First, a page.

- Replant any perennials that have been heaved out of the soil by frost and cover them with a light mulch.
- Spread any finished compost in garden beds. Keep turning your compost pile, moistening it if needed, to keep active decomposition going as long as possible before cold temperatures stop it. Consider setting up an enclosed composter near the back door so it’s easy to reach with kitchen scraps when there is snow on the ground.
- Check stored tubers, bulbs, potatoes, onions, and garlic for spoilage and softness.
- Winterize all power tools and sharpen, clean, and repair hand tools before storing them.
- Drain and store garden hoses and sprinklers. Turn the water to the outside faucets off before it freezes.
- Leaves contain a wide range of plant nutrients and using them as garden mulch will benefit next year’s vegetable crops. Remove any dead, diseased plants and weeds from the garden, and then pile whole or shredded leaves on debris-free soil. In spring, till them in where you’ll be planting and leave the rest for paths.
- Learn more ways to prep your garden for fall and winter.
Trees / Shrubs
- If rainfall has been light, deeply water trees and shrubs before the ground freezes. Going into winter with a well-hydrated root system will help these plants survive the winter in good shape.
- For “half-hardy” plants such as azaleas, rhododendrons, and butterfly bushes, surround them with a wire cage and cover them with a thick layer of dry leaves.
- To prevent insect pests and disease-causing organisms from overwintering, rake up and dispose of fallen fruits and leaves from under your fruit trees, as well as any shriveled fruits still clinging to branches.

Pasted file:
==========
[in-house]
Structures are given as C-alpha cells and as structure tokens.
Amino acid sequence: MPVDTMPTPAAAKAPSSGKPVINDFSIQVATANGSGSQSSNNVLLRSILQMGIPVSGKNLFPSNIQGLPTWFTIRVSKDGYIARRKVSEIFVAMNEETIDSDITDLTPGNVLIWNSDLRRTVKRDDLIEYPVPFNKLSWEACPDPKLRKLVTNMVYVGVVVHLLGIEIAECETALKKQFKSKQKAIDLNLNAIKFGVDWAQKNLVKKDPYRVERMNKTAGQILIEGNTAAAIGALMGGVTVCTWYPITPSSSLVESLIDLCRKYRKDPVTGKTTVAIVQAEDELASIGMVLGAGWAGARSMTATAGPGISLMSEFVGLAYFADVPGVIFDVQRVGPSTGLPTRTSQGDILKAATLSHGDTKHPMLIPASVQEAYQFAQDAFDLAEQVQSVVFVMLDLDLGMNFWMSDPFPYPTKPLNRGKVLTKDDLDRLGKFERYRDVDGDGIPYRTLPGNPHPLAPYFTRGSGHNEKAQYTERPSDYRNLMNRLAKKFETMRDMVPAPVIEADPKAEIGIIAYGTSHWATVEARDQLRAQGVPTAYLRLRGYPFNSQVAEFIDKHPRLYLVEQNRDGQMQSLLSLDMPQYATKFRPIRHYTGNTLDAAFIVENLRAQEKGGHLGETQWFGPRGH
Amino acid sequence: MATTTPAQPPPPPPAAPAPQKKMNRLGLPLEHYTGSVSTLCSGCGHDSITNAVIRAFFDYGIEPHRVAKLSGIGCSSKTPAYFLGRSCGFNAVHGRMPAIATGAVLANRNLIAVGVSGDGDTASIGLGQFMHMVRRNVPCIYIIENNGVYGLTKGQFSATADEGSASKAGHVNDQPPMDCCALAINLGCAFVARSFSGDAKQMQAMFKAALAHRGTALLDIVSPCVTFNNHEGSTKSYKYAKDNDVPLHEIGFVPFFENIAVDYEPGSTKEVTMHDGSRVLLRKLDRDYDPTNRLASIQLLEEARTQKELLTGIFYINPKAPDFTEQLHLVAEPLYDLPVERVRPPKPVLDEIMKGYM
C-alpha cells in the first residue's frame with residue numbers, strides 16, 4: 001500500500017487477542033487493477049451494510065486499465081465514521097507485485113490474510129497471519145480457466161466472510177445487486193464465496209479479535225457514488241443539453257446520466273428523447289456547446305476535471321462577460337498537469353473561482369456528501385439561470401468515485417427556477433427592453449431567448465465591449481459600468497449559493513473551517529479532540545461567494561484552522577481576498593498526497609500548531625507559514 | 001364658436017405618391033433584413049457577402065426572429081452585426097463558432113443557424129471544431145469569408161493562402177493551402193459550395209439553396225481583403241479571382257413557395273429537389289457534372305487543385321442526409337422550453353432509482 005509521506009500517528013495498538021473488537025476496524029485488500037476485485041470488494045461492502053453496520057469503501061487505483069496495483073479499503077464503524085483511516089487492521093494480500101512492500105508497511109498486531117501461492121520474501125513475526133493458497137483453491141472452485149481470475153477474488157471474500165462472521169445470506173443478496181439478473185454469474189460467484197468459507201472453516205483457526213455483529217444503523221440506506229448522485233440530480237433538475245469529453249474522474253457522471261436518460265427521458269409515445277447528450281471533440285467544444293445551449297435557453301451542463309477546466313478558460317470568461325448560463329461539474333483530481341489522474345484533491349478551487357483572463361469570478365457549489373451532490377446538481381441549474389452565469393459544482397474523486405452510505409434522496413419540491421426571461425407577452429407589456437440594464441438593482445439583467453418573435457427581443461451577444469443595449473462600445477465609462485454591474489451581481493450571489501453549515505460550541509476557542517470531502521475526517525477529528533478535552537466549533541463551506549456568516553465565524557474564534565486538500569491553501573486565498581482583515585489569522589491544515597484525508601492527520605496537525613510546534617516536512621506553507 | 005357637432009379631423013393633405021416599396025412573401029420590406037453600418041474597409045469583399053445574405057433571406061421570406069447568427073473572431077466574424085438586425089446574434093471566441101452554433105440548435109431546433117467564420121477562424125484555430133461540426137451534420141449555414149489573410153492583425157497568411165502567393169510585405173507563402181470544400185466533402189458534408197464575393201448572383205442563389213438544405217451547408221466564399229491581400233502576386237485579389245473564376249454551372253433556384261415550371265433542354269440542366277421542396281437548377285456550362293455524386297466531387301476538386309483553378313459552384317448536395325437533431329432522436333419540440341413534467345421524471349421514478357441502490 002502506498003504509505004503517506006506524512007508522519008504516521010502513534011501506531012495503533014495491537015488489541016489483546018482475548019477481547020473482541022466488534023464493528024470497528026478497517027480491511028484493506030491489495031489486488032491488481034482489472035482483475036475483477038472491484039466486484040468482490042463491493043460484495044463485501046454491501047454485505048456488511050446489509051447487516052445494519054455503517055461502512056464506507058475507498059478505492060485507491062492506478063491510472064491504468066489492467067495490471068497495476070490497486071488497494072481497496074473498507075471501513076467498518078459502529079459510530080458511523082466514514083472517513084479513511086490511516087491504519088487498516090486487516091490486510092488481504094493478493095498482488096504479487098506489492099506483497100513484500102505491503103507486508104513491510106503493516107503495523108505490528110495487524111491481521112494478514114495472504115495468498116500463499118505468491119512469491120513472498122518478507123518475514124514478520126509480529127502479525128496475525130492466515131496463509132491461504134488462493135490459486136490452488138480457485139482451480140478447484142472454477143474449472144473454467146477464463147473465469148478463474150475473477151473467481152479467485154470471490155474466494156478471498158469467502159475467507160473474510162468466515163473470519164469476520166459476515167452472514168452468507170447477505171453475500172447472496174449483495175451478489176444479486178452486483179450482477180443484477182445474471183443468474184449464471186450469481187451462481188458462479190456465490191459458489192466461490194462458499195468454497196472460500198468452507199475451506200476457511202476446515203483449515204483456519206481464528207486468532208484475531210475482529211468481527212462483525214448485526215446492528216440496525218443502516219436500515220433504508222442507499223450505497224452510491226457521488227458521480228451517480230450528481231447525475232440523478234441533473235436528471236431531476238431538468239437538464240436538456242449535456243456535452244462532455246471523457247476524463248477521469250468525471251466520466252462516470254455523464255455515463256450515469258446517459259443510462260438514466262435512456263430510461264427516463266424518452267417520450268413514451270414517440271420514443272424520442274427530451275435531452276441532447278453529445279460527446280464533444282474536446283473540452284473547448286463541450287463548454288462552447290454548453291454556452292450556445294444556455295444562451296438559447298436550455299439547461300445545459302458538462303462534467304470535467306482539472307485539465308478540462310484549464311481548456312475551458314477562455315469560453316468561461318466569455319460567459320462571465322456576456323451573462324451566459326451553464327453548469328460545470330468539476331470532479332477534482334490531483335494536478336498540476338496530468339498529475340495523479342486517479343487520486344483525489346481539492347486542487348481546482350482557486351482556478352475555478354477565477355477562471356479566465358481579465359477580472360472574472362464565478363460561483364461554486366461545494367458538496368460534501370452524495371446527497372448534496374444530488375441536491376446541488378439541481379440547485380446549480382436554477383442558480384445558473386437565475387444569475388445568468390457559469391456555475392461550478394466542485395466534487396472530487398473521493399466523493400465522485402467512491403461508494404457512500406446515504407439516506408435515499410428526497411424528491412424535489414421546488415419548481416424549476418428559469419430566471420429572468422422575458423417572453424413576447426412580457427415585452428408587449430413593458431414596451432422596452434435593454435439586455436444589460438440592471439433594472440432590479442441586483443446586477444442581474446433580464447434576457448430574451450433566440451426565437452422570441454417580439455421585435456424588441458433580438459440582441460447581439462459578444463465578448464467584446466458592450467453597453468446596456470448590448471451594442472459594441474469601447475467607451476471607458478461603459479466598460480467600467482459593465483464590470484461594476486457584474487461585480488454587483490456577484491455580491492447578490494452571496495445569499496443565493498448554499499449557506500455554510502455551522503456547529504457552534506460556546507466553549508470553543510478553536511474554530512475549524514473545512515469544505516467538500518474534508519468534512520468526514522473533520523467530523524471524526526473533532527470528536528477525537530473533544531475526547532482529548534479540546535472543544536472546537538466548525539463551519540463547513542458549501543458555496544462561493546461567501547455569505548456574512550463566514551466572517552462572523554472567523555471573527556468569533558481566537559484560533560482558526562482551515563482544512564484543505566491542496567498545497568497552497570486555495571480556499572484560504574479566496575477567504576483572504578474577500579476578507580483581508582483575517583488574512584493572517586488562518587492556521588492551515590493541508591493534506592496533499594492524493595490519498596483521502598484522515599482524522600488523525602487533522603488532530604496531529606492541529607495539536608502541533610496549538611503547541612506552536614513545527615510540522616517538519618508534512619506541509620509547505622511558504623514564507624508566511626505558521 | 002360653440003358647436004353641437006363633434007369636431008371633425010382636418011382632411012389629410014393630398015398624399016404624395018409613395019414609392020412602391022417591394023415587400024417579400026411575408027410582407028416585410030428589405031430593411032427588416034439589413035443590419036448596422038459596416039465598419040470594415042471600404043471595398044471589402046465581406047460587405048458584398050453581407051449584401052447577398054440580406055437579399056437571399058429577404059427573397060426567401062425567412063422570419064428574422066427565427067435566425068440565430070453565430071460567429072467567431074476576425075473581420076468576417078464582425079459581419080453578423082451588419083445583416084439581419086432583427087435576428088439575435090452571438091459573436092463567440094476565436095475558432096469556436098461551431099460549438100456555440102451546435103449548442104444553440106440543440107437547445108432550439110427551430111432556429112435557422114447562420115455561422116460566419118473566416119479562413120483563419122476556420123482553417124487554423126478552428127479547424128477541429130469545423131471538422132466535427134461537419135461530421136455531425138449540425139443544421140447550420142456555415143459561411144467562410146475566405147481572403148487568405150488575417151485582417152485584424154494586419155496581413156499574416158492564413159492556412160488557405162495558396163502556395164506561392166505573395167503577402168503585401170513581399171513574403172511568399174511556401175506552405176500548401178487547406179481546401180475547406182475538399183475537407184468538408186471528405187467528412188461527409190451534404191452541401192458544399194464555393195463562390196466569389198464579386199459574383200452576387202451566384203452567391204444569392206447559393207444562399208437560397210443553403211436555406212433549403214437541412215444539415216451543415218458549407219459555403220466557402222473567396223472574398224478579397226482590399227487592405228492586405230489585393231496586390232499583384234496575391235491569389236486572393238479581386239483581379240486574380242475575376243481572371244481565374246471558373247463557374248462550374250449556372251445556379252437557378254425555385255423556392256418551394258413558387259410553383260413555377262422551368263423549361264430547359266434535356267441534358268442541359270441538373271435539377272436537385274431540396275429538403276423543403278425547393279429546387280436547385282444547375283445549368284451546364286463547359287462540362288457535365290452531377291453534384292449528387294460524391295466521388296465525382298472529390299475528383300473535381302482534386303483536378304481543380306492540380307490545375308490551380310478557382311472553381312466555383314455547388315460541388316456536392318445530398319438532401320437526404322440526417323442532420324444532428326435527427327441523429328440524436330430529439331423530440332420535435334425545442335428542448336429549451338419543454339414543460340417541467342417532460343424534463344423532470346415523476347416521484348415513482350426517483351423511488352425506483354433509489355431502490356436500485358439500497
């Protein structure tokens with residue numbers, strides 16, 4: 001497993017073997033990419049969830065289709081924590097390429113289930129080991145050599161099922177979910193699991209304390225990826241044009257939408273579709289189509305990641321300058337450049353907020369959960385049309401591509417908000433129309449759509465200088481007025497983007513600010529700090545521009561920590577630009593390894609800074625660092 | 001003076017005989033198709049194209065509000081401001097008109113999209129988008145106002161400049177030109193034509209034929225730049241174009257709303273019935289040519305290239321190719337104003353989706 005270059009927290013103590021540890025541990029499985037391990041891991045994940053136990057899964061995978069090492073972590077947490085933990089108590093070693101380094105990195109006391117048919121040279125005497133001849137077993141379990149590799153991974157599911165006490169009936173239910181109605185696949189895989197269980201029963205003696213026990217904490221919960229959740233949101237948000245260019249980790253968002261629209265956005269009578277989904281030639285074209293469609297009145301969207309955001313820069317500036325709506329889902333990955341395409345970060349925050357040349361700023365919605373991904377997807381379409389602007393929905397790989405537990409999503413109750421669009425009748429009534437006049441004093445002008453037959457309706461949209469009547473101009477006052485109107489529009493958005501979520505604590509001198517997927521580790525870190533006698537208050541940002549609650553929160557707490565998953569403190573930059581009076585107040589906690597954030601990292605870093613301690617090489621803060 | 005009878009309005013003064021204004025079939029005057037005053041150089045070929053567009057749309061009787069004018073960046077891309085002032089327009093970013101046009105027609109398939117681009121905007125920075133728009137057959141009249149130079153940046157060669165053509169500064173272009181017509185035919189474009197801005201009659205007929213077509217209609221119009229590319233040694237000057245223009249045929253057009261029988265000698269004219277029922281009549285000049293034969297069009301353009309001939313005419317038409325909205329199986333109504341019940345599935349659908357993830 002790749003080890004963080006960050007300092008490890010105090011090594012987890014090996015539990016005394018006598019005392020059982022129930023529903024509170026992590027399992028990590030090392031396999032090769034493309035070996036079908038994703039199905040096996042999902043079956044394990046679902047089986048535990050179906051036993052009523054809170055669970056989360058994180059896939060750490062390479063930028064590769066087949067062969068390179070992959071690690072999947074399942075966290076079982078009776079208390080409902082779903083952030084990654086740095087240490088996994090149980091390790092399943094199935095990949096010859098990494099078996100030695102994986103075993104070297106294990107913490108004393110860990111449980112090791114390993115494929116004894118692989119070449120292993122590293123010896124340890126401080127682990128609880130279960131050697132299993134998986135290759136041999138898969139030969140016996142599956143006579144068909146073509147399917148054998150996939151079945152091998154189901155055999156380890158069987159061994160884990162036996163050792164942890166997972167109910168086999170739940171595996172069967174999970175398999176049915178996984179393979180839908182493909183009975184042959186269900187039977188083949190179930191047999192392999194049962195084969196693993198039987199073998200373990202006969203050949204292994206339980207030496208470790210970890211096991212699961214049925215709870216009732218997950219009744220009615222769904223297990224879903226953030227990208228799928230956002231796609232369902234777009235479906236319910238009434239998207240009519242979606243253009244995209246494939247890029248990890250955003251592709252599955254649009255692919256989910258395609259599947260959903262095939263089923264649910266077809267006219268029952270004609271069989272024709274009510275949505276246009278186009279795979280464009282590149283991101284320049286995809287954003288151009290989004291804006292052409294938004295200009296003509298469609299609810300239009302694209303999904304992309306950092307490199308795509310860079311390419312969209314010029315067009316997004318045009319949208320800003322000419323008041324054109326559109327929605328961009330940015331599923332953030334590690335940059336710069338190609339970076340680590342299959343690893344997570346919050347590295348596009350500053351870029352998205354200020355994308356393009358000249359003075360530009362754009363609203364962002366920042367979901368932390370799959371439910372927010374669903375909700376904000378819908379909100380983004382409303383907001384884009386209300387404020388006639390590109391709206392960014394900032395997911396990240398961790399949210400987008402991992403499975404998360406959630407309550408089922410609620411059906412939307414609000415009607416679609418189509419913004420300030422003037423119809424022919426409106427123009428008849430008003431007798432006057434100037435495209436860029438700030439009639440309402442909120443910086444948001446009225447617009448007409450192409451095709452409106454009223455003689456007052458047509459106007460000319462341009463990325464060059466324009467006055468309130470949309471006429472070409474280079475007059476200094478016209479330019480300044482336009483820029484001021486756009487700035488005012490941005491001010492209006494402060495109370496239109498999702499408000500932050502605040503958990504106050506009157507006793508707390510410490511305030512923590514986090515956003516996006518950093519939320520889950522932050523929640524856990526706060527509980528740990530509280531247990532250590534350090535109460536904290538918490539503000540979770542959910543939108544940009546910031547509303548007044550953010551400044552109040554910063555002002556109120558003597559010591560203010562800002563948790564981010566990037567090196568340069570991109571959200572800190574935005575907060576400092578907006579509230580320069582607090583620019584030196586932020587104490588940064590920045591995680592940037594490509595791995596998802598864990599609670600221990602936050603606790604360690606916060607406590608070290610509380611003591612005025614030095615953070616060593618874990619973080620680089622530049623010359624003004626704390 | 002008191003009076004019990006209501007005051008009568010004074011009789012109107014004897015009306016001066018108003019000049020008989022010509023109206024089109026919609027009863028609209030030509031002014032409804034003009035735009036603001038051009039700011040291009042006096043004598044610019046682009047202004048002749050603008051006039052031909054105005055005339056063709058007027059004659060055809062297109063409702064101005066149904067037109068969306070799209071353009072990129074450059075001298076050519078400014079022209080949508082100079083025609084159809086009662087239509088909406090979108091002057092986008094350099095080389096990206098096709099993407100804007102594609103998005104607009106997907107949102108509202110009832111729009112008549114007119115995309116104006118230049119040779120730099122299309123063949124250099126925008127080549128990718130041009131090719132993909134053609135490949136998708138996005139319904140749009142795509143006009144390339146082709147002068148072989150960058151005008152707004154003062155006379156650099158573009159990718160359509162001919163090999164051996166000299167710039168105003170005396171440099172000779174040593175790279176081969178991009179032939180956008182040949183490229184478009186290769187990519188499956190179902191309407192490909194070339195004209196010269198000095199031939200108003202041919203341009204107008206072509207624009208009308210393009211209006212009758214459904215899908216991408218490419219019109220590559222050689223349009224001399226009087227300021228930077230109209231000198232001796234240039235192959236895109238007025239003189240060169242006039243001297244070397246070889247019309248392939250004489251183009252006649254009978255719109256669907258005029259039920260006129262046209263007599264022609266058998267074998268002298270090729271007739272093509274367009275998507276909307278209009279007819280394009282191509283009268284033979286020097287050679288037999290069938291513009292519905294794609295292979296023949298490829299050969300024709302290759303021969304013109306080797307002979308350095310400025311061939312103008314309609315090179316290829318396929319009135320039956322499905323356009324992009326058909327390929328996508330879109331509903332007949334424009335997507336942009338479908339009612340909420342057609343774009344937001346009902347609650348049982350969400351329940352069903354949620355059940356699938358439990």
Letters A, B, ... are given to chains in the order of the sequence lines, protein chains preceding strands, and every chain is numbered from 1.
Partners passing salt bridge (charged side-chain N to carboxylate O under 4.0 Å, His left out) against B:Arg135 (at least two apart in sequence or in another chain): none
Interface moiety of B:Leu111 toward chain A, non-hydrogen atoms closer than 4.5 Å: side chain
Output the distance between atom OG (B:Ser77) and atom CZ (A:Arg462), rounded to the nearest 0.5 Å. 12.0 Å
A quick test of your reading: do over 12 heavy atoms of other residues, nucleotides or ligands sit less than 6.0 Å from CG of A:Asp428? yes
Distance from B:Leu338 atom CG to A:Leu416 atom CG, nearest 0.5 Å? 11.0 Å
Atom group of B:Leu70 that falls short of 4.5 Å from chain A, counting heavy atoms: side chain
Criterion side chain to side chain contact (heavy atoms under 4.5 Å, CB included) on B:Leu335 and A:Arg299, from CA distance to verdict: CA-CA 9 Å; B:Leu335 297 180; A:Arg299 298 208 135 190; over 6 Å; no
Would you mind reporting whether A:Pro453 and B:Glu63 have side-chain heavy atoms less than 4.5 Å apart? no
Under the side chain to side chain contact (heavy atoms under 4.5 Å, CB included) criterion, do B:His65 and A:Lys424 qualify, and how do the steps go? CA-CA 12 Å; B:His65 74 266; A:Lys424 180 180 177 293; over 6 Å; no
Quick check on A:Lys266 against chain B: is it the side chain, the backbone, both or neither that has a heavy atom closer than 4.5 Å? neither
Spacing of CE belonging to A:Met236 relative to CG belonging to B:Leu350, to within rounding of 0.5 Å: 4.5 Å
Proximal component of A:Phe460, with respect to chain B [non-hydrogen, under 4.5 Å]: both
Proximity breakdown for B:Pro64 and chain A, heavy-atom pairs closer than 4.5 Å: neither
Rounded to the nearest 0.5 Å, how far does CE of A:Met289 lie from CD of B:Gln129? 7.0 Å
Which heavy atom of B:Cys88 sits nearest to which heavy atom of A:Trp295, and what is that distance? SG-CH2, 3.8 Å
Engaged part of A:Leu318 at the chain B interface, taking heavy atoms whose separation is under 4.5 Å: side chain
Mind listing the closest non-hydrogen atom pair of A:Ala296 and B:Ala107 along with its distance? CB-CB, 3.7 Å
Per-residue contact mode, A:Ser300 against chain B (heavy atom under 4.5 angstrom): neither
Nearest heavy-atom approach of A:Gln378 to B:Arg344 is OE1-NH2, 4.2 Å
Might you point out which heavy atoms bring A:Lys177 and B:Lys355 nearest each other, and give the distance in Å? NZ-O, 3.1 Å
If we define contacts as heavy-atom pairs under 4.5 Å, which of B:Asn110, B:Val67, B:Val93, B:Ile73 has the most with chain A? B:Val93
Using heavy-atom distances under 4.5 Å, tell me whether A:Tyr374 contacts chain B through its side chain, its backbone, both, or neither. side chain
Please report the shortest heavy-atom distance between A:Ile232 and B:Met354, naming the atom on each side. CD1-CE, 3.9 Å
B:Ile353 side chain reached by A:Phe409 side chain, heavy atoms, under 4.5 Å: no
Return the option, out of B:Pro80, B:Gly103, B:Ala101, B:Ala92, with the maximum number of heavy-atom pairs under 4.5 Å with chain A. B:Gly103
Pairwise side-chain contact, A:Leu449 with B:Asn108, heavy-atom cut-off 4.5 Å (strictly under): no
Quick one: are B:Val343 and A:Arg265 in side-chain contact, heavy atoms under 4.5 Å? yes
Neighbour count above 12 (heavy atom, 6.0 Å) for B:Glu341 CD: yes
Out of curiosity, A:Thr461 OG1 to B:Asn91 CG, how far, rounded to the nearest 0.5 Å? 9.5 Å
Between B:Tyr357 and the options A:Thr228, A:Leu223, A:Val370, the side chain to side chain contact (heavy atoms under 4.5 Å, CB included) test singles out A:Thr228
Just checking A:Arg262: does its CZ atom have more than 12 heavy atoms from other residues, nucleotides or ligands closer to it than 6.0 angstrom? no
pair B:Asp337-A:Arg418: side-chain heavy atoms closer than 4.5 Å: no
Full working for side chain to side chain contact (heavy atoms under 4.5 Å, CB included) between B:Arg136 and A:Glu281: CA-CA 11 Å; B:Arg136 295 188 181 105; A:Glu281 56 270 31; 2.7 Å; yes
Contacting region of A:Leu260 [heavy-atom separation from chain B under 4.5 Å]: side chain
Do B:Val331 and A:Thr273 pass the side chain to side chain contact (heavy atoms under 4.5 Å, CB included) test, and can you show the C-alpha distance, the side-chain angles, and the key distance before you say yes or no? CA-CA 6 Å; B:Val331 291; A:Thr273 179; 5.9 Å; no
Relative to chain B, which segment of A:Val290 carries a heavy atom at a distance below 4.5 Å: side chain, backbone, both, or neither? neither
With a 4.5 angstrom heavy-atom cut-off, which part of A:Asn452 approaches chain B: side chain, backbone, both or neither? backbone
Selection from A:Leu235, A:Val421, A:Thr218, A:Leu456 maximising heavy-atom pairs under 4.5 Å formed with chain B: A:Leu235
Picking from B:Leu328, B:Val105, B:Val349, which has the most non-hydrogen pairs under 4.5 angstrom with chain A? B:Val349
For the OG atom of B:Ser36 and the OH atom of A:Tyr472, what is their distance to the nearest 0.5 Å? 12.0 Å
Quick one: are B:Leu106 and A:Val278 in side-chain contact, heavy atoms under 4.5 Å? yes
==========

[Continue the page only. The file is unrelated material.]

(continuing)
- To protect hybrid tea and grandiflora roses, cover the crown of the plant about a foot deep with a loose mulch of wood chips or light-textured soil brought in from another part of the garden.
- If you are planning on buying a living Christmas tree to plant outside after the holidays are over, dig and prepare the planting hole now before the ground freezes. Place the soil from the hole in a nonfreezing garage or basement. Cover the hole with a board to keep out snow and to prevent someone stumbling in it by accident. Keep your tree inside for no more than 3- 5 days to prevent it from breaking dormancy, which would make it susceptible to cold injury when it goes back outside. When you’re ready to plant, water the root-ball of the tree well before placing it in the hole, cover with soil up to where the roots flare out at the base of the trunk, and water again.
- Apply a thick layer of mulch in a large area around trees, but do not allow the mulch to contact the trunks.
Lawn / Turf
- Keep mowing your lawn as long as the grass continues to grow, but gradually decrease the mowing height so that the final cut is at 1 1/2 inches. This will help keep the grass from becoming matted and developing snow mold over the winter. Avoid fertilizing late in the fall as it does not significantly help lawn grasses and contributes to pollution in our rivers and streams. If you need lime, it can be spread any time the soil is not frozen.